Most people don’t put a slum tour on their list of activities to do while on vacation. But part of the value of peer-to-peer tour platforms is the creativity it offers people who can craft their own unique offerings. And I am always interested in seeing local life in the places I visit, so the Kibera slum tour in Nairobi caught my eye when I was browsing through the I Like Local activities.
I’ve done a few tours and activities while traveling, using various sharing economy platforms. And I have written about the main challenge I see with these platforms: how to weed out the commercial tour companies from the individuals who really just want to share their favorite parts of their home town or their favorite activities. This Kibera slum tour, run by a young man who grew up in Kibera, was fascinating, unique, and incredibly well done. Diddy, the tour guide, is trying to give back to his community and show people the kindness and positive things happening in Kibera, the largest slum in Africa. He’s set up his own “business” doing this, but it’s just him listing this tour on two peer-to-peer booking sites. He also works as a DJ, presumably a more steady source of income than the infrequent tour bookings.
The walking tour brought us to an artist collective, a jewelry and trinket making shop, a school for young children run entirely by volunteers from the community, and into someone’s home. We learned about the lack of trash collection in this 4km by 2km area, the short-lived (and very smelly) outhouses and longer-lasting toilet systems that have been built by NGOs, and the way people get water in this community where no water runs into the homes.
But perhaps most important, we learned that the popular perception of Kibera in Nairobi, as an area ridden with crime and criminals, is utterly false. In fact, quite the contrary, the section of Kibera where Diddy grew up is virtually free of crime during the day because the residents will chase down anyone committing an offense against another person (such as stealing a cell phone) and punish them harshly. Diddy talked about seeing this happen as a child (“mob justice” he called it) and his resulting confidence that the area is totally safe as long as people are around to respond to calls for help.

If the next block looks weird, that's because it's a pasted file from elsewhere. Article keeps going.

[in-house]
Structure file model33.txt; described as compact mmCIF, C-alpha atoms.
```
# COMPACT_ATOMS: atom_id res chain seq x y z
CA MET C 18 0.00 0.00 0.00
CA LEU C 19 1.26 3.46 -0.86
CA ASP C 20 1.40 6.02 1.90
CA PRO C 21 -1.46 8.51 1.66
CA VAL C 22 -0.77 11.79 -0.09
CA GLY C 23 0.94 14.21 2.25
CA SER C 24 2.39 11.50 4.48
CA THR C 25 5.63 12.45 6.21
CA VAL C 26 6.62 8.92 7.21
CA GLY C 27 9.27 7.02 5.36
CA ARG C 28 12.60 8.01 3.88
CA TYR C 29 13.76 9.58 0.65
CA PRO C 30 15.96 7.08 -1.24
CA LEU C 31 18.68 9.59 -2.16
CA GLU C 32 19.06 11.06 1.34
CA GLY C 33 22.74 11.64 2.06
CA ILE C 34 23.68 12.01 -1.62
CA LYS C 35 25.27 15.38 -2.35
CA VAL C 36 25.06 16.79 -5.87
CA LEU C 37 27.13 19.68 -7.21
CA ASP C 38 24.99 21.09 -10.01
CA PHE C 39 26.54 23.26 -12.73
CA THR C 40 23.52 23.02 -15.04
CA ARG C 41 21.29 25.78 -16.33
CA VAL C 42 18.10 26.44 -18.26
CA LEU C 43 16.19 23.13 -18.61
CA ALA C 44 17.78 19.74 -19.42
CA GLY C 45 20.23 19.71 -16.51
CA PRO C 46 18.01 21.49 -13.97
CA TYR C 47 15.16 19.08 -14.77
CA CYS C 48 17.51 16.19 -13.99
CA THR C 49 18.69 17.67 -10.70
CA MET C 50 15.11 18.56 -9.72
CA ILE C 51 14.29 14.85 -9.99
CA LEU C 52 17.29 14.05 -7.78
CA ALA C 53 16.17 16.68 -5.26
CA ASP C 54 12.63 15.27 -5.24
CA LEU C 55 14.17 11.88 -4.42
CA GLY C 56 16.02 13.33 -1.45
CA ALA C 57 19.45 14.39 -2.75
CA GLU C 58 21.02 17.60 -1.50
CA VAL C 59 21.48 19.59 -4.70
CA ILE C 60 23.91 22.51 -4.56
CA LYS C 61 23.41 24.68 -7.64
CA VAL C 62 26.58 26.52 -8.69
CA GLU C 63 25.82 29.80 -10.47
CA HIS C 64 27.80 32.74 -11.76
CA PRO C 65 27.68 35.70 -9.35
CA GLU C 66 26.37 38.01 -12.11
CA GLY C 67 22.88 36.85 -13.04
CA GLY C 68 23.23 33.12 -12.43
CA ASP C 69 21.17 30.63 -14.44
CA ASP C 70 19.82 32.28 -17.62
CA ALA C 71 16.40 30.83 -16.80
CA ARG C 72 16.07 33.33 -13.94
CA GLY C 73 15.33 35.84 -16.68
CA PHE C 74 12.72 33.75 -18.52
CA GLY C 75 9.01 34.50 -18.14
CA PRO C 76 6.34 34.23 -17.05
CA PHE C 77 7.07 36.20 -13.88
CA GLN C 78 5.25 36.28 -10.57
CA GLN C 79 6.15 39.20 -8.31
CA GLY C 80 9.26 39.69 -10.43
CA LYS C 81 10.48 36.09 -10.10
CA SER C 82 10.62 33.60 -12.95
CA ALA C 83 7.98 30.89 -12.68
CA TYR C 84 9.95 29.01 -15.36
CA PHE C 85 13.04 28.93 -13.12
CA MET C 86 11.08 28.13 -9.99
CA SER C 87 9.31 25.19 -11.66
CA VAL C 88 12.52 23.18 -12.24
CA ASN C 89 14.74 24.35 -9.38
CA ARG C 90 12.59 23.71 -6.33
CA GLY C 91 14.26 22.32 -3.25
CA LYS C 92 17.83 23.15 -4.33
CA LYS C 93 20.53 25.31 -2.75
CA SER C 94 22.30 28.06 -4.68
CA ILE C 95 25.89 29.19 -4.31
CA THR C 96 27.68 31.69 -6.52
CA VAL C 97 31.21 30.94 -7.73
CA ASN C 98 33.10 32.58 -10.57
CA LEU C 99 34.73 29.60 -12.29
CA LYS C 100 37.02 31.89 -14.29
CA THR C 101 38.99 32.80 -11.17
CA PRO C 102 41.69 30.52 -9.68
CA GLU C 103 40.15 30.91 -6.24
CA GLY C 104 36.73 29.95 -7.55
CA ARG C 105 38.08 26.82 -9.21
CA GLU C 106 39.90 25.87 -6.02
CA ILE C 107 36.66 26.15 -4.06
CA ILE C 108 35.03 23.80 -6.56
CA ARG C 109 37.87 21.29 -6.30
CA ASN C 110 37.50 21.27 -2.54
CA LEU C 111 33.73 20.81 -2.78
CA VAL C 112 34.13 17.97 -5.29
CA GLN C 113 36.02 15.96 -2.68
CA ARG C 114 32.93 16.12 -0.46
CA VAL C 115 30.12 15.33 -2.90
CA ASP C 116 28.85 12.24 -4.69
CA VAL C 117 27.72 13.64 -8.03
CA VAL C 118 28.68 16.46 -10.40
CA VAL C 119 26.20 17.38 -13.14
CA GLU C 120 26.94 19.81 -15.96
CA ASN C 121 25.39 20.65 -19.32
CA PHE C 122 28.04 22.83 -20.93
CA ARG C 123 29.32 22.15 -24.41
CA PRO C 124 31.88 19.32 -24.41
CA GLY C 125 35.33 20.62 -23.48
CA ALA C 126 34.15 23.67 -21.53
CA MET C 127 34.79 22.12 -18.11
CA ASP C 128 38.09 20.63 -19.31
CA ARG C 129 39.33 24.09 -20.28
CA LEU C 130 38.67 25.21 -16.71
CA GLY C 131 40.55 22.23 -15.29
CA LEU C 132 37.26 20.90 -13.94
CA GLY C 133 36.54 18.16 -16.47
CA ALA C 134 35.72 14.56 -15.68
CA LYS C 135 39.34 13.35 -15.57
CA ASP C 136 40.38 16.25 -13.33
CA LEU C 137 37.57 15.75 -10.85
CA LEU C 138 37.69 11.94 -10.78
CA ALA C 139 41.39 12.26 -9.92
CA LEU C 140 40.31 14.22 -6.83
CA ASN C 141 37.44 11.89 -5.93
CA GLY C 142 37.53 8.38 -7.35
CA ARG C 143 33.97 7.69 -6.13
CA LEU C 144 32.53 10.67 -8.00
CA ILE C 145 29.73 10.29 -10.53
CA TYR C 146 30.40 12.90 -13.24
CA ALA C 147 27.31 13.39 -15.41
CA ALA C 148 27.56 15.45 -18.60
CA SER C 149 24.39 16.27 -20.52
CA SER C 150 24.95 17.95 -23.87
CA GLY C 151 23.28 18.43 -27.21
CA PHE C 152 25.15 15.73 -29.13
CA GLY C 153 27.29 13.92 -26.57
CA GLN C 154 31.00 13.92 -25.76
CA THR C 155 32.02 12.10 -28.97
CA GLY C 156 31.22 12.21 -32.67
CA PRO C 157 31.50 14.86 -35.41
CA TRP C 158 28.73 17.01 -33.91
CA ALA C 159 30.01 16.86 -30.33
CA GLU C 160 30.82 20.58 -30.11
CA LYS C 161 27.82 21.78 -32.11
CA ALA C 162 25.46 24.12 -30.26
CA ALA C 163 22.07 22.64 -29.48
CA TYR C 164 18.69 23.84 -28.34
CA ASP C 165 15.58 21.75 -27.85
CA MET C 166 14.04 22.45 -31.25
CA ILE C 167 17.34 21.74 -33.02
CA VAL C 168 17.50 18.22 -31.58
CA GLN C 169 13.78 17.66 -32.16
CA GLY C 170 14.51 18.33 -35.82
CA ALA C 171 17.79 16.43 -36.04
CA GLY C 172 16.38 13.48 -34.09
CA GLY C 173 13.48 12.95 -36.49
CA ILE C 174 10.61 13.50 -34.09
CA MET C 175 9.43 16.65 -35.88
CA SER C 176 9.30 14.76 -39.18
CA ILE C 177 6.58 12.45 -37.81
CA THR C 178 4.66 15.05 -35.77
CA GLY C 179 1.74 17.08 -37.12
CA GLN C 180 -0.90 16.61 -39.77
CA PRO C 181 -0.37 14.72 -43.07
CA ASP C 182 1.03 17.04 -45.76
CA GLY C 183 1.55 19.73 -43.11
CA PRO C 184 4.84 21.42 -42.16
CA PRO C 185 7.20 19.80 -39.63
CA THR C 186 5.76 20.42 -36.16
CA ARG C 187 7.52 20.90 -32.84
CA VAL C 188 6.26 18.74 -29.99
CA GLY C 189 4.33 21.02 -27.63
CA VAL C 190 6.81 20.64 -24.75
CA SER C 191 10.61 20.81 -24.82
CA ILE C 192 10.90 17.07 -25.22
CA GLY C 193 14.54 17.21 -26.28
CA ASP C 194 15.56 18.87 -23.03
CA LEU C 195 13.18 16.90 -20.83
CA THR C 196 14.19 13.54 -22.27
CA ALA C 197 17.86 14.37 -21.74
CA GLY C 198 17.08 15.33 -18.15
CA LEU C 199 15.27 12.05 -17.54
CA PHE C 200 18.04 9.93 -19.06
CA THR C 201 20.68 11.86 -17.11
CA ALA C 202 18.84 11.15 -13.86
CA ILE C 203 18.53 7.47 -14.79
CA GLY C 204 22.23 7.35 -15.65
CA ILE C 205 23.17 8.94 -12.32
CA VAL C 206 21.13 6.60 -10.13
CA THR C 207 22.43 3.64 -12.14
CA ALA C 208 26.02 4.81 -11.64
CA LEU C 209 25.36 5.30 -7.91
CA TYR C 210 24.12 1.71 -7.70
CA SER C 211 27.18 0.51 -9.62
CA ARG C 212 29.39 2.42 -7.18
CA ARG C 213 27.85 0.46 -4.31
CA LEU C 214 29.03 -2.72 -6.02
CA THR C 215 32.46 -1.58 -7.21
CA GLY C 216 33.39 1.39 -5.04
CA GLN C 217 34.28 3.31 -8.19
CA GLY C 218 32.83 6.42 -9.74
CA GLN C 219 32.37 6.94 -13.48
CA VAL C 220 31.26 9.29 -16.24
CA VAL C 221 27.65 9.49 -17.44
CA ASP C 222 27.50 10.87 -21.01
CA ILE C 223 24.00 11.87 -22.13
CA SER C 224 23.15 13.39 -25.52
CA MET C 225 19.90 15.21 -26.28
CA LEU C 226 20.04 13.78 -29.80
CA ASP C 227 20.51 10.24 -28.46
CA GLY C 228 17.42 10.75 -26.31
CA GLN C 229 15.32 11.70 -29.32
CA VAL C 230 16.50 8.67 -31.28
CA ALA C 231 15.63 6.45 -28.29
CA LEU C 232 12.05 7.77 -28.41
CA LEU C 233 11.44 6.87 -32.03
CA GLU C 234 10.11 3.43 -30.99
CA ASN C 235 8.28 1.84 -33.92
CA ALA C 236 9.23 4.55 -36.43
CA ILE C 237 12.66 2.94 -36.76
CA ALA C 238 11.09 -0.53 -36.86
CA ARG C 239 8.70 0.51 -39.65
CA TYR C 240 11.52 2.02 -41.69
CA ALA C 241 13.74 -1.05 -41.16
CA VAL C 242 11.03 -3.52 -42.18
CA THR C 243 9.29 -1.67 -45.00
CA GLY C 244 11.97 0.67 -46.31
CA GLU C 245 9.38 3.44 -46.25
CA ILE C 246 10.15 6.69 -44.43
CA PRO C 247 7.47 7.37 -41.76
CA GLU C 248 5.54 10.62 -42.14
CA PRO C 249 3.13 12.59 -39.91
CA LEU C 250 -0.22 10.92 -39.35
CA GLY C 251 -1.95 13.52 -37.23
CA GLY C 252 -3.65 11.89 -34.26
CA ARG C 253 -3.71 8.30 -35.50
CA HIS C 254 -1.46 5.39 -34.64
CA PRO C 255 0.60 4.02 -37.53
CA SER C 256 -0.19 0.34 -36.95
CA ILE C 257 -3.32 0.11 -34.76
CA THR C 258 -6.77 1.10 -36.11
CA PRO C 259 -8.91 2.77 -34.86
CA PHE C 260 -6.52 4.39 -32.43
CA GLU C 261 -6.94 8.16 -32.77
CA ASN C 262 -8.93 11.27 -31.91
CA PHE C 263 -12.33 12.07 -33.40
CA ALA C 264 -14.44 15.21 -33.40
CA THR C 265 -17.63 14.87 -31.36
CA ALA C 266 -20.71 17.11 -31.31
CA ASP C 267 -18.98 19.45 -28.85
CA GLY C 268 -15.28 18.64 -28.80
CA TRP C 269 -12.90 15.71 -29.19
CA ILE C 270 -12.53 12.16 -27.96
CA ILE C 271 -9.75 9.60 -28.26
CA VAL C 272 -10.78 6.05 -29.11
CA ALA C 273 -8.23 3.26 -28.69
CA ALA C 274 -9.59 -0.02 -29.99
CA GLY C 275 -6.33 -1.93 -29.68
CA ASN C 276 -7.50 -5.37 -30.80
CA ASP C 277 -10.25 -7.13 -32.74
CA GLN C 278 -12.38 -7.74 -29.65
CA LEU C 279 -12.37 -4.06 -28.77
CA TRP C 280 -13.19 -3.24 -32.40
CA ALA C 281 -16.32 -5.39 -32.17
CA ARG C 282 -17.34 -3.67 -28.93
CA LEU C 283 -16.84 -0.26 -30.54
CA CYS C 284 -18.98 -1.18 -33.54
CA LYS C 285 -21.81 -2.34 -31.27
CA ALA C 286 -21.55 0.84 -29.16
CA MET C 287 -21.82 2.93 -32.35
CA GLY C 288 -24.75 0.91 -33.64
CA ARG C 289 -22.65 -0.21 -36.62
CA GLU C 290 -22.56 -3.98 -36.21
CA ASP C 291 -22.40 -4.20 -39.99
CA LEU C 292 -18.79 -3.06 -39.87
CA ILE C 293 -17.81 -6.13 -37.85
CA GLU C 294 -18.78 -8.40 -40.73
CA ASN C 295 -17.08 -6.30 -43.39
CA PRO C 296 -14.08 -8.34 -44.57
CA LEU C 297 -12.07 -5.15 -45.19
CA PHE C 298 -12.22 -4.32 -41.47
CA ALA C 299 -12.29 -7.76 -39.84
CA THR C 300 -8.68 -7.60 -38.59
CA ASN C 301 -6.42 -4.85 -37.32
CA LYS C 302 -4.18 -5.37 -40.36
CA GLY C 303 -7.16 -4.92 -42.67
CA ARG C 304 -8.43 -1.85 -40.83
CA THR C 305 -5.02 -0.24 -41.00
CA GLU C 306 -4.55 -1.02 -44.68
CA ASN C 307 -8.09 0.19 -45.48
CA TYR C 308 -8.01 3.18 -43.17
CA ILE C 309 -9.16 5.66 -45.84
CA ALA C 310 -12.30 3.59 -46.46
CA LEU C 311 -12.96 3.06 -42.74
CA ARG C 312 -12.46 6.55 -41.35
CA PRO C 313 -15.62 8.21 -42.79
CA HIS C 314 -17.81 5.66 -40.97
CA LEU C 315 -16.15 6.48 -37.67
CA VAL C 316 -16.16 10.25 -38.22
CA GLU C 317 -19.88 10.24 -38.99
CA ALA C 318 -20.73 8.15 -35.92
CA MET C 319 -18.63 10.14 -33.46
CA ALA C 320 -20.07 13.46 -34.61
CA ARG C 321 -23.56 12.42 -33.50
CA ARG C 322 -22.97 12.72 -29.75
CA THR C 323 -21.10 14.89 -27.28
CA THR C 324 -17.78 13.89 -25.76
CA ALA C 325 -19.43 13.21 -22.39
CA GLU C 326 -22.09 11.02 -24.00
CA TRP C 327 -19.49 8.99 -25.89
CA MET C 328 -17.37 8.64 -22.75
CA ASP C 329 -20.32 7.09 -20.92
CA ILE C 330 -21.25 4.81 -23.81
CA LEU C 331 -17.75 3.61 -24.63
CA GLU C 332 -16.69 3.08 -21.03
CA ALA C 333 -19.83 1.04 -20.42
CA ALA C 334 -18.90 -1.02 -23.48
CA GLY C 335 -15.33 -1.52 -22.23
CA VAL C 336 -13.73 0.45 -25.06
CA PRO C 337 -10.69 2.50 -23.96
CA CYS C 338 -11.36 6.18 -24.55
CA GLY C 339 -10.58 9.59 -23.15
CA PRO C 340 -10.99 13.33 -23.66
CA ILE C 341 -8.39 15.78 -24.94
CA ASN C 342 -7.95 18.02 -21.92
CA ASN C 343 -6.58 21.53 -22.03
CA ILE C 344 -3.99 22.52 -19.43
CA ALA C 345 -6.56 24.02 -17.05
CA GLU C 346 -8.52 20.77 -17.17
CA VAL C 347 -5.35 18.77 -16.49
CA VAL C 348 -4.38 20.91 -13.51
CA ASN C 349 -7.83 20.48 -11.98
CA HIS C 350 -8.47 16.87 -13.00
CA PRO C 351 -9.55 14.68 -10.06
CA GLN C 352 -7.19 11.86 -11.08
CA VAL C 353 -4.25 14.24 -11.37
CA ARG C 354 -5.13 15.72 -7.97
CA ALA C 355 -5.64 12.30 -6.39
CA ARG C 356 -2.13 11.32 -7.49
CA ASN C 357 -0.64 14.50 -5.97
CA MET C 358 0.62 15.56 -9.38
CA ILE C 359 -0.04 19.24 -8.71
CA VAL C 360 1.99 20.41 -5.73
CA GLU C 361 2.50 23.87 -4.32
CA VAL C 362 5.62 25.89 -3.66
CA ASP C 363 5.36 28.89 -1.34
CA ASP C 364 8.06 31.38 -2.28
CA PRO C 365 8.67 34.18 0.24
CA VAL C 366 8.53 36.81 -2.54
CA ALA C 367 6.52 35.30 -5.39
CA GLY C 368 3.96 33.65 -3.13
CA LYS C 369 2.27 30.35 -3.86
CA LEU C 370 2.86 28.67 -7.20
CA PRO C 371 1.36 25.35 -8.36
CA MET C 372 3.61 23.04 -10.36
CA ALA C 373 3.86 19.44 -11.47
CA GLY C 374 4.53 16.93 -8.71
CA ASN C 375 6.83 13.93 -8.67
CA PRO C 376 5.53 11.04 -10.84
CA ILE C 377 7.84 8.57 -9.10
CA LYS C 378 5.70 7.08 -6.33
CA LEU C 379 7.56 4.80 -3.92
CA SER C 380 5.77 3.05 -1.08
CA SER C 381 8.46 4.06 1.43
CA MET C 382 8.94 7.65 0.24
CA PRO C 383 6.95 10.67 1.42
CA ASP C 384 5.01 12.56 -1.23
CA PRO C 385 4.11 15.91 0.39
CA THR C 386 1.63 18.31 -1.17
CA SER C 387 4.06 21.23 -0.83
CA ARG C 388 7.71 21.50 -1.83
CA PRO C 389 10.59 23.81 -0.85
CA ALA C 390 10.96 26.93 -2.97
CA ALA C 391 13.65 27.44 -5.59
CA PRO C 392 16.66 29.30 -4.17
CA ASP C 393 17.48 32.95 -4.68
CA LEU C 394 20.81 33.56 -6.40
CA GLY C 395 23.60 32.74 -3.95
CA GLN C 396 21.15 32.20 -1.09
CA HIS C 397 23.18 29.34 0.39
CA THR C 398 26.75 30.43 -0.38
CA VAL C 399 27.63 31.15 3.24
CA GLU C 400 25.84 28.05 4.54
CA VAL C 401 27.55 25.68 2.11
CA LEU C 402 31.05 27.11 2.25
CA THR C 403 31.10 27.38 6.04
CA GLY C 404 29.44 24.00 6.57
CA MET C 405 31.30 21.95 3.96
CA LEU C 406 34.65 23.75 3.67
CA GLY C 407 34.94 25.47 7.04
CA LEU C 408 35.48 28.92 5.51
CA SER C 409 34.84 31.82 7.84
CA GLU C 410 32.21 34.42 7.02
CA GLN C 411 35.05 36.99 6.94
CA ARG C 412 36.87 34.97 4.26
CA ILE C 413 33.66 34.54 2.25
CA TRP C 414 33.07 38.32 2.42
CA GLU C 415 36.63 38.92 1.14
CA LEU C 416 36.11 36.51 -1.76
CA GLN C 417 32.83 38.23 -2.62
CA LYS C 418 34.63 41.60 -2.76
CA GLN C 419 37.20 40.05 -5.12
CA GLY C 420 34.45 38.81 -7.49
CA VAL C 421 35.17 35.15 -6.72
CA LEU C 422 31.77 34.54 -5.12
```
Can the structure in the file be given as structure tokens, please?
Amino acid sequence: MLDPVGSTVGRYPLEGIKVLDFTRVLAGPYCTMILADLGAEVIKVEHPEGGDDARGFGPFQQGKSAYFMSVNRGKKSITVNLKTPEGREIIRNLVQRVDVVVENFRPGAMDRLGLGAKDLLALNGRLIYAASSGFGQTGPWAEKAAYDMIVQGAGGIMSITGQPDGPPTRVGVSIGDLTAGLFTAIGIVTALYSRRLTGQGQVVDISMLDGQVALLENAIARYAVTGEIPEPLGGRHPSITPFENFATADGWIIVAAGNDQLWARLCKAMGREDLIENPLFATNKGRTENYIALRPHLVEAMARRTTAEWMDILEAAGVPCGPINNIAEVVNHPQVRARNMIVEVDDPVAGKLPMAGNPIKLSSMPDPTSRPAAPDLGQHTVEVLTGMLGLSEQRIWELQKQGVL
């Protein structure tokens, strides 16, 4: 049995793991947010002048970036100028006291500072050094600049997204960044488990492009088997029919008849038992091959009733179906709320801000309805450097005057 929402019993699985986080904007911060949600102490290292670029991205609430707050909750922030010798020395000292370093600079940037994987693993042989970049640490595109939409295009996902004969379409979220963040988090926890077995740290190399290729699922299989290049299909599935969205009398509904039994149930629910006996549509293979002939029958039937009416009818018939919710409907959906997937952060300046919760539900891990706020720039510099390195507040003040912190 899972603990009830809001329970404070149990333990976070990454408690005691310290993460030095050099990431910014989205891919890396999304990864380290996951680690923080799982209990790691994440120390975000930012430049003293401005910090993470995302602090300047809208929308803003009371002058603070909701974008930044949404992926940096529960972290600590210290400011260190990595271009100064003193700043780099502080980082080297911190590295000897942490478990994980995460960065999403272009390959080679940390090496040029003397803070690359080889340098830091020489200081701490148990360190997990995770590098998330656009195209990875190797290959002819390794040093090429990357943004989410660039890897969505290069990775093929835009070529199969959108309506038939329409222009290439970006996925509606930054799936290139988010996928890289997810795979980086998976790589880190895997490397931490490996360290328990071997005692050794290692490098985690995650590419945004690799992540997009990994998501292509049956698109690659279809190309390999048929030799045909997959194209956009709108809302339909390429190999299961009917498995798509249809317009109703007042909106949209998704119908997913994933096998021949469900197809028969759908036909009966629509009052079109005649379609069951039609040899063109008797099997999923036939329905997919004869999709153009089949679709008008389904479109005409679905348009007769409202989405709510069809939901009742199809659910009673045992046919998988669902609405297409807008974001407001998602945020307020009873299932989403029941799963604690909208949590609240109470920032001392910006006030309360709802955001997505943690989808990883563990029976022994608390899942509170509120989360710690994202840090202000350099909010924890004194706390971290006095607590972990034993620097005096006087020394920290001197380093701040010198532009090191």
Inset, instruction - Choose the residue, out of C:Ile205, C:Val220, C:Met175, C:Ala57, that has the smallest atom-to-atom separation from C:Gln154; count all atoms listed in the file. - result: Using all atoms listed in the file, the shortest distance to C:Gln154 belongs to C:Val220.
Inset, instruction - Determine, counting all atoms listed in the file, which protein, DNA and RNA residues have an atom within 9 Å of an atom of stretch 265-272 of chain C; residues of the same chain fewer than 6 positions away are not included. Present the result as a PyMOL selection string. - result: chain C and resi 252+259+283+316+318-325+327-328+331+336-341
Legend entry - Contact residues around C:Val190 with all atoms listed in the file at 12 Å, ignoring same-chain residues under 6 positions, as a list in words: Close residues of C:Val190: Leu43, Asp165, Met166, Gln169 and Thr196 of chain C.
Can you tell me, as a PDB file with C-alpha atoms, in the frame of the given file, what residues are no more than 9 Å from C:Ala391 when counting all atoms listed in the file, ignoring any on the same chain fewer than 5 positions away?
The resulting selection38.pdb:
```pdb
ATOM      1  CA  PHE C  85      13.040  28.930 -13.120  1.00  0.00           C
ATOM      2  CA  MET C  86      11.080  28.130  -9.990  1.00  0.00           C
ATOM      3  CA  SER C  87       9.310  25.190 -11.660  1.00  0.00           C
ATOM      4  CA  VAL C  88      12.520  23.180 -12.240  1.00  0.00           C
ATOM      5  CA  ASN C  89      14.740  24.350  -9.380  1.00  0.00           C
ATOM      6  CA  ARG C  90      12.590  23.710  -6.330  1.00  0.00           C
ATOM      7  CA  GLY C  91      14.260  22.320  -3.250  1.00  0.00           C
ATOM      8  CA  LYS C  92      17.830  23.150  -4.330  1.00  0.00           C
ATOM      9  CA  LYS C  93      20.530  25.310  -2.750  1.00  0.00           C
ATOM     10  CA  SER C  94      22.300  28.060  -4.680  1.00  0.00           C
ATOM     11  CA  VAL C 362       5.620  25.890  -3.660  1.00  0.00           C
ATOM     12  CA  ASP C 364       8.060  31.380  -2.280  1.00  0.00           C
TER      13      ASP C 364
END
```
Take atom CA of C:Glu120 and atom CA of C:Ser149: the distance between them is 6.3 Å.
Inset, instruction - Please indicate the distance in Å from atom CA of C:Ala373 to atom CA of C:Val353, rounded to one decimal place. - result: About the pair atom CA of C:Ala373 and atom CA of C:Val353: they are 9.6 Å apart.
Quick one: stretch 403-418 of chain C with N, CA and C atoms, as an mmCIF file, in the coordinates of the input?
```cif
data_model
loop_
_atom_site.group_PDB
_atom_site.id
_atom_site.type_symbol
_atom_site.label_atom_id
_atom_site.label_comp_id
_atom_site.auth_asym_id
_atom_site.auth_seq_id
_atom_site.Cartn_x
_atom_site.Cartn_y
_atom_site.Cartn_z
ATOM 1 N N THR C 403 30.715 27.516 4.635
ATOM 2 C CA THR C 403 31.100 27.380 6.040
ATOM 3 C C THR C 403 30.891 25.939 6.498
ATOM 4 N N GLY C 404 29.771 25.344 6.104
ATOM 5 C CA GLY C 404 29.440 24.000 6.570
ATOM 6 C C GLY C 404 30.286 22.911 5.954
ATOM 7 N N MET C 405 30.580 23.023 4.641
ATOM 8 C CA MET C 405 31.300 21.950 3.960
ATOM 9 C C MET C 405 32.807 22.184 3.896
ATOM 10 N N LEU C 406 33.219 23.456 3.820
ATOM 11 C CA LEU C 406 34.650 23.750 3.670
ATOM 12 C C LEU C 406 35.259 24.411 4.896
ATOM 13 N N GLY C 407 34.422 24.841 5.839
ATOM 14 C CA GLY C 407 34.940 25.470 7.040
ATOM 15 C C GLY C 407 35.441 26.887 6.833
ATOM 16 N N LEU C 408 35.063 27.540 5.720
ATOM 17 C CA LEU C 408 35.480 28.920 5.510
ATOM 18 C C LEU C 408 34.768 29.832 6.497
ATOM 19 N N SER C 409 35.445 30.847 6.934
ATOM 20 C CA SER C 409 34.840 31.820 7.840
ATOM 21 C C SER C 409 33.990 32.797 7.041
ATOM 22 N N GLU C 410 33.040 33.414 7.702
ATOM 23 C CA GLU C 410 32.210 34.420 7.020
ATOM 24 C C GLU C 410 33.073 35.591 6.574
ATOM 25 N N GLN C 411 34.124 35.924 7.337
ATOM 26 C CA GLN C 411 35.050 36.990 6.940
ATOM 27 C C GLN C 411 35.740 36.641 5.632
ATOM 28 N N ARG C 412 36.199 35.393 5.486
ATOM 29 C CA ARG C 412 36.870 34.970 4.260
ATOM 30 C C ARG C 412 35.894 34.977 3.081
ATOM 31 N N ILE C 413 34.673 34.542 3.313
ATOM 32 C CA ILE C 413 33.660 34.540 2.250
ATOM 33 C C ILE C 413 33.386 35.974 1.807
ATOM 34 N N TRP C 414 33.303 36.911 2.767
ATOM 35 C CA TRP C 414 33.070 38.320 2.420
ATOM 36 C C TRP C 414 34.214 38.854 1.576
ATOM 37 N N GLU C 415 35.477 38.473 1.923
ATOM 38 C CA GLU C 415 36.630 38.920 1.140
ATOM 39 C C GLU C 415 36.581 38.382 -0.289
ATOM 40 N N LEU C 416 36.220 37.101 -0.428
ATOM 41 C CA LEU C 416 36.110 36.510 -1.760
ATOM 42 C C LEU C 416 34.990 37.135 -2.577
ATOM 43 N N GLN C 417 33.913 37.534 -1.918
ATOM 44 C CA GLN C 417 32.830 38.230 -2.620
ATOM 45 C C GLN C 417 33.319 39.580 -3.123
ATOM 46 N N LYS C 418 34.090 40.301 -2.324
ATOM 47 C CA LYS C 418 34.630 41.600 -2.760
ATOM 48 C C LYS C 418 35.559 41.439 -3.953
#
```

And people are always around because living conditions in Kibera are not easy. Tin, mud and wood 9m by 9m shacks stacked up in tight quarters make up most people’s homes, as well as shops and other structures. But the sense of community is so strong that when people do earn enough to move out of Kibera, sometimes they opt to stay. It’s certainly not an easy life, but the people we passed seemed busy, engaged, and mostly happy. Diddy stressed how enterprising Kibera residents are: shops, hair salons, and various services line the streets with everyone trying to hustle somehow to make some money. He pointed out that there are no people on the streets asking for handouts, instead they are all trying to come up with a way to work.
That’s not to glorify life in Kibera. We saw plenty of kids running around on the dirt paths when they should have been in school, and people with barely enough clothes to wear. Homes lack basic washing facilities and payment is required to use the public toilets, and everywhere there is trash: on the streets, piled in various lots, sometimes slowly burning, always pungent.
I have mixed feelings about doing tours like this one: it seems voyeuristic to go into a community in poverty just to see how people are living. But Diddy has set up an excellent tour that focuses on some organizations in the community that benefit from exposure to the outside. The artist collective regularly does public shows outside of Kibera to sell their work, the crafts factory is selling their wares to support the 15 employees, and the school is always looking for sources of funding from the outside. And everyone we came across (many of whom know Diddy personally) was incredibly friendly and welcoming. Further, humanizing the slums, and dispelling the myths set up to justify the lack of services, isolation and poverty of the nearly million residents of this community can only help with public support for change.